Just because education secretary Michael Gove MP was adopted, doesn't mean that every child in care should be.
Although the secretary of state for education was an obvious choice for Number 10''s press office to deliver the latest - albeit largely regurgitated - policy on adoption, his own family background does not automatically make him an expert.
The government is obsessed with the topic of adoption, repeatedly peddling the same lines to a media which is all too willing to unquestioningly digest reheated platitudes.
The government keeps repeating three main points: adoption takes too long; social workers are anti-adoption; and political correctness is preventing black children from being adopted.
In his speech Gove admitted that the government view has been influenced by the new adoption 'tsar', Martin Narey, who has been openly critical of social workers.
Michael Gove has taken a different tack this time though, eschewing outright hostility to social workers, perhaps inspired by the favourable reception received by BBC's fly on the wall series Protecting Our Children, which followed professionals in Bristol doing their utmost to keep vulnerable young people safe.
Gove placed on the record his gratitude to social workers, and his "admiration for the vital and under-appreciated work" they do, claiming, intriguingly, that government and social workers now enjoy "a more mature relationship".
The well-connected few may have the ear of government, but this argument won't hold much sway with frontline social workers, particularly when on the very same day it was announced that local authority staff will have their pay frozen for the third year running.
Listening to Gove laud social work, a 'but' seemed inevitable and, right on cue, the minister didn't disappoint.
"There is strong evidence that, in recent years, there has been too much reluctance to remove a child from circumstances of consistent and outright abuse and neglect - or to return them to those circumstances later," social work's new Number 1 Fan added.
Gove's assertion seems at odd with the evidence, however. Cafcass (the Children and Family Court Advisory and Support Service) announced at the beginning of February that the number of children being referred to care in England has hit an all-time high, passing the 900-mark in a month and matching a trend seen since November 2008 when Baby Peter Connelly's mother and two others were sentenced for their involvement in his death.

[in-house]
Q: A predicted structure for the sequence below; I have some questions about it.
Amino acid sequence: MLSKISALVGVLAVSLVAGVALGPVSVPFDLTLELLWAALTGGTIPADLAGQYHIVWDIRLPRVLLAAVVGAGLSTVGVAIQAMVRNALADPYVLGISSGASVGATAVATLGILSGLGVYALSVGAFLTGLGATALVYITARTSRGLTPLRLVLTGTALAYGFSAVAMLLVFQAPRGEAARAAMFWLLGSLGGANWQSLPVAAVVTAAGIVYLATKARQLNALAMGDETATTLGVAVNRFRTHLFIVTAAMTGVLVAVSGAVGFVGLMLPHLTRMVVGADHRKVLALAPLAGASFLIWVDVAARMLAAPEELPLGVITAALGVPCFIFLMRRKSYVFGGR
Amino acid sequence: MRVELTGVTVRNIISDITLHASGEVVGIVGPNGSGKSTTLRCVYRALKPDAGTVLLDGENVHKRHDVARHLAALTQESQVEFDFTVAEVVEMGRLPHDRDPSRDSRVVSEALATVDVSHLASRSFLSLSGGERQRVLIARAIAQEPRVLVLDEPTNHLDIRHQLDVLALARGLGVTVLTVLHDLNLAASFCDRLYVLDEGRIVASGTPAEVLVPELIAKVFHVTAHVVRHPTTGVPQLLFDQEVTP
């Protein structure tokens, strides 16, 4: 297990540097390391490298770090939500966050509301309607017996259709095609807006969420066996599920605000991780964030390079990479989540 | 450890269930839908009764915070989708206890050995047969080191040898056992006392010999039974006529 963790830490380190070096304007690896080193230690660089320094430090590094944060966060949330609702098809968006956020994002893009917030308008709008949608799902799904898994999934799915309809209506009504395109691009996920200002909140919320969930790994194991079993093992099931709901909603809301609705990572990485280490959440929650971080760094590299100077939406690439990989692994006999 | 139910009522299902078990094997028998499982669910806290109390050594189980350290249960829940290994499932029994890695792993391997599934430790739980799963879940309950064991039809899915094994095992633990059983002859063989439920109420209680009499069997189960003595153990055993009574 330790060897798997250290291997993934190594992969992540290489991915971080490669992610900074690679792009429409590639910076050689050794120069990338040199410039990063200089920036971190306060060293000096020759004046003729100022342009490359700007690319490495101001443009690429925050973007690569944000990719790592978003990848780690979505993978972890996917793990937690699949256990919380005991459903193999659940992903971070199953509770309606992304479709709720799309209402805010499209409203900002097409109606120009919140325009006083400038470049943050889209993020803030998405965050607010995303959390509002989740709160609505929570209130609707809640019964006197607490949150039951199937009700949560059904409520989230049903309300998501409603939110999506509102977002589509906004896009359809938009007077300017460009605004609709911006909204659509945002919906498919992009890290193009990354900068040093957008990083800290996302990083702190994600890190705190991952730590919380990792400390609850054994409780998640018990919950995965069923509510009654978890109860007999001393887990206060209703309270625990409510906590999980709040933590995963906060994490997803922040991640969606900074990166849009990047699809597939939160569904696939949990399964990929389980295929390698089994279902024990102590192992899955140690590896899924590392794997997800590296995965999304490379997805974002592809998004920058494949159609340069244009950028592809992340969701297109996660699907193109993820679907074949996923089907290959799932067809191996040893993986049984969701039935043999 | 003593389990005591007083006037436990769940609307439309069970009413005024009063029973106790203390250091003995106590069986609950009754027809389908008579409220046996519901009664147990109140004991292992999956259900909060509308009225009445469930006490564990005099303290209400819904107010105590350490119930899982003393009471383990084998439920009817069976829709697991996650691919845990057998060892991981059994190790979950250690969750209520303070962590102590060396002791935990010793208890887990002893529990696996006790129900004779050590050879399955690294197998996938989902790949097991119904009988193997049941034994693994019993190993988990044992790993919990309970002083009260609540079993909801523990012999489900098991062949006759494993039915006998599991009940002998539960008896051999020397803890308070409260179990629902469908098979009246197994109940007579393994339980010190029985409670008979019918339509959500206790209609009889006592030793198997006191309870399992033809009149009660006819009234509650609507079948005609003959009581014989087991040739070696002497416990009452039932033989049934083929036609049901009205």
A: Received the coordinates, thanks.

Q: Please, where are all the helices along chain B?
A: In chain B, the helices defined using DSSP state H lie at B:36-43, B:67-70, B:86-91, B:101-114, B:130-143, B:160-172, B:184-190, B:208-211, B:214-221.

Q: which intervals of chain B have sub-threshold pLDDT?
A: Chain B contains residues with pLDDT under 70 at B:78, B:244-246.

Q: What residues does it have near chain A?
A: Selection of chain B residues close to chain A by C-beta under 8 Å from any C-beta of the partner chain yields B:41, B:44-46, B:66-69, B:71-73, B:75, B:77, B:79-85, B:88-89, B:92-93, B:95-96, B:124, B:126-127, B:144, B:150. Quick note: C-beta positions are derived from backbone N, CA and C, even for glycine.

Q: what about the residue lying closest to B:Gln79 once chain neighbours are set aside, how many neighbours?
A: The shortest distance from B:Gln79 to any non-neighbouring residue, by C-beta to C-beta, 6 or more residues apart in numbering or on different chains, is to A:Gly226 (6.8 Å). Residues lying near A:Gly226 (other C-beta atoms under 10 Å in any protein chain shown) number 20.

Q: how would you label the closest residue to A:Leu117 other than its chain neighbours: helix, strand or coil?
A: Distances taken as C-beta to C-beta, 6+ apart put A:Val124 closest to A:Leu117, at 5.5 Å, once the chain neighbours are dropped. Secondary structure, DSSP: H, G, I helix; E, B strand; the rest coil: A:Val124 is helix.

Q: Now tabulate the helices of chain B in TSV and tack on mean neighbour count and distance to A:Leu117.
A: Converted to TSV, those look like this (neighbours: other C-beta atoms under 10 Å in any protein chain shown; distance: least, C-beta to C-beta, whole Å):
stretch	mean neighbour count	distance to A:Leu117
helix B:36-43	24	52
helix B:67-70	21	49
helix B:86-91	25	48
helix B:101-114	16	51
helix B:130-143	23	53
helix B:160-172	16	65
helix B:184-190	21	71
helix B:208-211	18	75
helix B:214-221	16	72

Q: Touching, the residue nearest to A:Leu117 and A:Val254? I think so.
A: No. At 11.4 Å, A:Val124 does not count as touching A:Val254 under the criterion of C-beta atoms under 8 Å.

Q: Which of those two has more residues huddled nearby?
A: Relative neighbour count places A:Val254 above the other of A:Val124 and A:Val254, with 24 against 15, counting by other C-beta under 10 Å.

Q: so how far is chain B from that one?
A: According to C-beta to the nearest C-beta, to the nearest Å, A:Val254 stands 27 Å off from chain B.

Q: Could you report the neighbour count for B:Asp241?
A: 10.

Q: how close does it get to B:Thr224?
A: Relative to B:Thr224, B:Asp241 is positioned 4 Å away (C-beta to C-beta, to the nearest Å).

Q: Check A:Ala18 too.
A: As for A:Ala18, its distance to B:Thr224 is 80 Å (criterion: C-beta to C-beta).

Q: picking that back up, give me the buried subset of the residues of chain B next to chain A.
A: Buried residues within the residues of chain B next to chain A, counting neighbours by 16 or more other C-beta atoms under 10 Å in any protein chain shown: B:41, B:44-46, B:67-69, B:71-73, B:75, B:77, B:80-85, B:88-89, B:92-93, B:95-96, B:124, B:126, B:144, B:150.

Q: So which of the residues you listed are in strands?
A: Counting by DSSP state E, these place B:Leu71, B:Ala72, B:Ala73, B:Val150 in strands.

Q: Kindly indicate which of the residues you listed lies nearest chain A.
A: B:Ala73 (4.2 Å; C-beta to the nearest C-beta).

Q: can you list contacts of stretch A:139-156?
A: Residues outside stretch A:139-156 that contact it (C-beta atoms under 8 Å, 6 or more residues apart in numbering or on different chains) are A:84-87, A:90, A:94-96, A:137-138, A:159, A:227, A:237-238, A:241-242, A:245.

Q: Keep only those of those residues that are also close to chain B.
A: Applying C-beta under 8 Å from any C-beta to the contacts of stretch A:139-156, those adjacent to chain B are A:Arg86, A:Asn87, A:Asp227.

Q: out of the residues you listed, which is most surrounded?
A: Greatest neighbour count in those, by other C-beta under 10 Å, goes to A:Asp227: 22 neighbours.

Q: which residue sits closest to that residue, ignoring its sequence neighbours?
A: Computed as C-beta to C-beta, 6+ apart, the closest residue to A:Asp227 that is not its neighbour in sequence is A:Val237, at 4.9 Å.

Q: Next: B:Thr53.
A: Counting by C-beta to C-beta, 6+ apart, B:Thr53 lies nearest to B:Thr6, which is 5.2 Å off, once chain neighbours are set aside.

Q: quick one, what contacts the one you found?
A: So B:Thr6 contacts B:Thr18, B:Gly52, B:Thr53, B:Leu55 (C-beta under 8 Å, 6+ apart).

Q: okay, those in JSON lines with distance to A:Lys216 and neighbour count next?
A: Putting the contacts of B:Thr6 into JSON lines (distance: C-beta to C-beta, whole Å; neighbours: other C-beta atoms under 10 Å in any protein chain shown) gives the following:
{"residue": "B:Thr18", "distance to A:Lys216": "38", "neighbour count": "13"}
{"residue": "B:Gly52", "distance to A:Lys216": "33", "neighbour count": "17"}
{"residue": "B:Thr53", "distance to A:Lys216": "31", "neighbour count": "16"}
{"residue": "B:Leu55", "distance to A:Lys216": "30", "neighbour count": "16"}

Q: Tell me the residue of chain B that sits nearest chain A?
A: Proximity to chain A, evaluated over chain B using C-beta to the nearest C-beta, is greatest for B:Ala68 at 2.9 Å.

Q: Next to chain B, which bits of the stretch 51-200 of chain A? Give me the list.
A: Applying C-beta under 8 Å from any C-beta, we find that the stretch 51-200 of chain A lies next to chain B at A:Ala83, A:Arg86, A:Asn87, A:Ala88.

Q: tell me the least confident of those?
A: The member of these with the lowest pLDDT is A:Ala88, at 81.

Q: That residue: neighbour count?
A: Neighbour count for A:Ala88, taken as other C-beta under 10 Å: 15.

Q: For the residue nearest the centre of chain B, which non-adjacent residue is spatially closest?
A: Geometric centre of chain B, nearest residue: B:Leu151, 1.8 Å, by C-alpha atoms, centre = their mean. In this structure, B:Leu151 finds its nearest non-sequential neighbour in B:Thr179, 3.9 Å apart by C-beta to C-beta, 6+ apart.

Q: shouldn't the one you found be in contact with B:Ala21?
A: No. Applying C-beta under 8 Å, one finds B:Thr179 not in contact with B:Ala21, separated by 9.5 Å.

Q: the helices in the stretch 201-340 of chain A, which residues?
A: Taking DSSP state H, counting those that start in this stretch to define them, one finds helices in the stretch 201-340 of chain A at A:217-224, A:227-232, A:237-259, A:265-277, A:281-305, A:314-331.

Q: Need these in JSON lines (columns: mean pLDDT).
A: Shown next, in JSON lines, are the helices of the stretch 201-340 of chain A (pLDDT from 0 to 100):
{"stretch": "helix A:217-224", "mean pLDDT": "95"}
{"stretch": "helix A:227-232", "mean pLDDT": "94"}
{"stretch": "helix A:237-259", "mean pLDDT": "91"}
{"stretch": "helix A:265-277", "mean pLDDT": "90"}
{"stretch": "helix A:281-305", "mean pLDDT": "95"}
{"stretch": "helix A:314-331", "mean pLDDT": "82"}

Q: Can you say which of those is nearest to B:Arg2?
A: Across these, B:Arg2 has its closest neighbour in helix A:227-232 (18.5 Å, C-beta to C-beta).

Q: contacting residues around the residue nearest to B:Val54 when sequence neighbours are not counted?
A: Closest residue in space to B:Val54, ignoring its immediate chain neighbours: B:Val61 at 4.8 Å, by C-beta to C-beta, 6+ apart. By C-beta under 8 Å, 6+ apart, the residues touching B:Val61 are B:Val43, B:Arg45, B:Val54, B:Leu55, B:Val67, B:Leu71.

Less "reluctance" than ever it would seem.
The government's preoccupation with adoption is ignoring the issue of adoption breakdown. The British Association of Social Workers (BASW) has previously argued that the government tends to romanticise adoption, and certainly Gove's hyperbolic assertion that adoption is "an inspirational example of humanity at its best" does not reveal the whole story.
While it is clearly welcome that Michael Gove's experience of adoption was such a positive one, the government is wilfully ignoring the fact that not every experience is happy.
As many as one in five adoptions break down, a figure that may be even higher but can't be more accurately detailed because there is currently no centralised mechanism for recording statistics. Adoption agencies and social workers have repeatedly asked government to start recording and researching the number of failed adoptions.
They have also urged more investment in support for families, many of whom are dealing with children who have serious and complex needs. Put simply, adoption is not the only option for children in care and is only suitable for a small number of children.
For most children in the case system, there are far more pressing priorities. BASW has praised England's Children's Rights director Roger Morgan for shining a spotlight on the real issues for children in care, with the release of his annual children's care monitor, a survey of 2,000 children in care.
The survey findings suggest that:
• more than half of children in care are given a week's notice or less of being moved to another foster home
• nearly a quarter are given no notice at all
• three-quarters of those in care with siblings reported they had been separated into different placements
Criticising the chronic shortage of placements in our care system, BASW's Nushra Mansuri has said that "these are the care issues that merit serious attention, more so than the government's current posturing on adoption".
BASW has accused the government of ignoring the complexities of adoption, and the legislation that underpins it, in order to pander to those who all too willing wrongly believe there is a politically correct conspiracy at work in our public services.
Sadly, there are more black children waiting to be adopted because black children are overrepresented in the care system. Black adults are over-represented in the prison system and the mental health system too, so perhaps it is time the government made a concerted effort to explore the underlying social and economic inequalities that affect the black community in general rather than simply honing in on the end result.
Racial identity does matter and, wherever possible, children should be placed with adopters from a similar background. This may not be possible in every circumstance, but it is not a factor that should be ignored or minimised.
Gove is right to point out that the welfare of a child is more important than the rights of their parents, but this should also apply to the relative rights of the same children and would-be adoptive parents.
While stories about delays for prospective parents can make for heart-rending reading, the rights of the child must come first, both legislatively and morally.